The Backloggers Blog Update: AKA, A Letter to Irina’s “Blogging Breaks” Post

Note: I’m starting off this post by saying that this is my no means to be any reflection of the other members of the Backloggers. This is solely my thoughts on this topic alone. Although this post will talk about general blog updates and general impressions of the blog, I obviously cannot speak for anyone but myself and my opinions on the subject at hand.

This post will probably be the longest post I’ve ever written, but I think this will offer some explanation and insight behind our blog here at The Backloggers, and also explain some of our recent behavior (or lack thereof). So, I encourage you to read this post as a sort of response to Irina’s “Blogging Breaks” post on Karandi’s blog, although it won’t directly pertain to the content in that post, along with some of the stuff that’s been happening with this blog.

If you haven’t read the post in full, it basically talks about this sort of “cycle” that happens with anime blogs. One gets started, the posting is off-and-on as the blog is started, it gets somewhat popular, the posts surge out, some big event happens that causes a hiatus, activity declines, another hiatus due to lack of motivation/other issues, and it spirals downward from there. Irina pretty well discusses a lot of potential reasons that this could happen and how to fix those issues in their post, which is extremely helpful to those that need it.

How does that apply to us? Well, if you’ve seen the amount of posts that have come out of here recently, I think it’s rather obvious. This blog has been through _a lot_ of changes over the past 4 and (almost) a half years, and growing pains have definitely been a problem but it goes beyond that as well. Before I get into an explanation of that though, I think it’s important to establish what this blog has been built upon and how it operates very differently from a typical anime blog before I go into some of the specifics of how Irina’s post relates to us and the blog.

Many of the core issues and problems that we are experiencing now are related to the foundations of the blog. These “foundations” are mentioned in the “About” sections of our blog, but boil down to two main points.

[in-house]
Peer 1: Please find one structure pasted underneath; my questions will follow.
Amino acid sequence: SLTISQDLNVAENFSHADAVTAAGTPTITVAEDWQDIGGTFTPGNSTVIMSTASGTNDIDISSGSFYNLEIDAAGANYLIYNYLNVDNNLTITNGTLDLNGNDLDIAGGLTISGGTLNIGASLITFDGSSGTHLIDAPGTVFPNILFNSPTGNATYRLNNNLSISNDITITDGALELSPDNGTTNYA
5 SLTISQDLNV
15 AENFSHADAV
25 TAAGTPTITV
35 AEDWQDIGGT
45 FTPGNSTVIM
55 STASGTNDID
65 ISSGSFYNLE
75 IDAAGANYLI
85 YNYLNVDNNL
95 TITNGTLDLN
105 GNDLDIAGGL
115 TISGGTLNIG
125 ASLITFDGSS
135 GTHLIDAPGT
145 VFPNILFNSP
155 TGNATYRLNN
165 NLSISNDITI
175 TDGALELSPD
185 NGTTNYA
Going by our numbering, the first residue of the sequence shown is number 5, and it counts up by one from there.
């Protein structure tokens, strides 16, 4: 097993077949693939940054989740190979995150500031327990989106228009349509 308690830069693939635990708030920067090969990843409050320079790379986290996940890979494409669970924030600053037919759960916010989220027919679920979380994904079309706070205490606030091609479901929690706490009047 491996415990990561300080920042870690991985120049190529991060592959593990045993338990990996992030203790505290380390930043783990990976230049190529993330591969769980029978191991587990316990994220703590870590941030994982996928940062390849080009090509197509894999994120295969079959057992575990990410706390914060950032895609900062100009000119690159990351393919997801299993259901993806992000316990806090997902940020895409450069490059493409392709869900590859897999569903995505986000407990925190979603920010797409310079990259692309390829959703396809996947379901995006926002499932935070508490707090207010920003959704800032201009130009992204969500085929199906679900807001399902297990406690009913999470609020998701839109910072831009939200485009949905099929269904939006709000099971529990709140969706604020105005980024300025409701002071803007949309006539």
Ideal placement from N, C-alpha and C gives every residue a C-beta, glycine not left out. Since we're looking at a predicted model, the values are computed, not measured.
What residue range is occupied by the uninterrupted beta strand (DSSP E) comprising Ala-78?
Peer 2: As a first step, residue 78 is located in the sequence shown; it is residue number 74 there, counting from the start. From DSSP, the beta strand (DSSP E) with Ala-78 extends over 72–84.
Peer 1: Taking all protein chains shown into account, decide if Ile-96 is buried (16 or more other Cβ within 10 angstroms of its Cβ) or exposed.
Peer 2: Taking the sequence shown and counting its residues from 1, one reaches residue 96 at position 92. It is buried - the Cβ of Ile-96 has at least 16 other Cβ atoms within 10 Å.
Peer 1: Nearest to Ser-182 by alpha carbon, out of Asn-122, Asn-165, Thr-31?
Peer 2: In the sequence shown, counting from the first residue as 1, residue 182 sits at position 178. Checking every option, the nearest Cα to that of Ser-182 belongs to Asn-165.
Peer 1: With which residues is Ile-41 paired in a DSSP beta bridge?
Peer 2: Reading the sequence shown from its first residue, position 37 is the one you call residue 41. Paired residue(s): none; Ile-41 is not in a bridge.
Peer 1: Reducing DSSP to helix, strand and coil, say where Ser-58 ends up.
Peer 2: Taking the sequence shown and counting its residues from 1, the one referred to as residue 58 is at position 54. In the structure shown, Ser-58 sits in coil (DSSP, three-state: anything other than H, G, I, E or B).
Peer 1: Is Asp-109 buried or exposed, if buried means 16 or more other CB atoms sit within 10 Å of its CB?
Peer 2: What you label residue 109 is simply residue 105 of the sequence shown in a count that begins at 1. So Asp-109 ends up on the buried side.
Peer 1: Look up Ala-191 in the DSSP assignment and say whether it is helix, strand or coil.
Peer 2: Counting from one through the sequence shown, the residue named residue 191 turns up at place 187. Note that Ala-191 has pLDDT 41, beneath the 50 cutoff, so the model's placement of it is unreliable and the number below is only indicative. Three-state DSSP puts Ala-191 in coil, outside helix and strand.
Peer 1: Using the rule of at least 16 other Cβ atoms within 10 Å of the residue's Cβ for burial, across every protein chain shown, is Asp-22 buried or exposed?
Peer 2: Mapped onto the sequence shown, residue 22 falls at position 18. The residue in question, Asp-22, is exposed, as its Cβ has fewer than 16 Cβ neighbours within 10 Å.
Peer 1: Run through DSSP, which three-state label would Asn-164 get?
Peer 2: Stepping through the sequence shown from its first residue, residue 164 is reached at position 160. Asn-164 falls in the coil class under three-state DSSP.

1. This is a blog run by close friends (AKA my good friends Mythos and General Tofu) that work with each other in order to produce content.
  2. The foundational posts of this blog are meant to deep-dive particular aspects and themes of anime and related works (manga, light novels, mobage, ect.)

It may not be obvious at first, but both of these combined have created some rather interesting and unique issues that we’ve had to deal with as an anime blog since the creation of The Backloggers, as neither of these things are often done and especially haven’t been done together. We’ve tried to take a look at other blogs for comparison for each point individually and sort of “felt” our way out from there. Blogs like Wave Motion Cannon, Fantastic Memes, and Therefore It Is had driven our inspiration for creating a blog initially, and thus, we’ve taken a lot of inspiration from them in creating our blog to what it is now, and it worked for a long time. Arguably, this method would still work now as well, had this been a perfect world and outsides issues weren’t a factor.

With few inspirations to take from, since that sort of content of point #2 was a rarity to begin with, we were on our own in solving many of the issues that we encountered as a blog. We have said (and continued to say) that we refuse to compromise on this point, and (hopefully) all of our content still reflects it rather well. However, the main issues with maintaining this point is that it’s exhausting and takes a lot of effort as a writer to continue to rapidly discuss these issues to keep their relevance, and that’s where the main issue of this point stems from: blog evolution and keeping things relevant.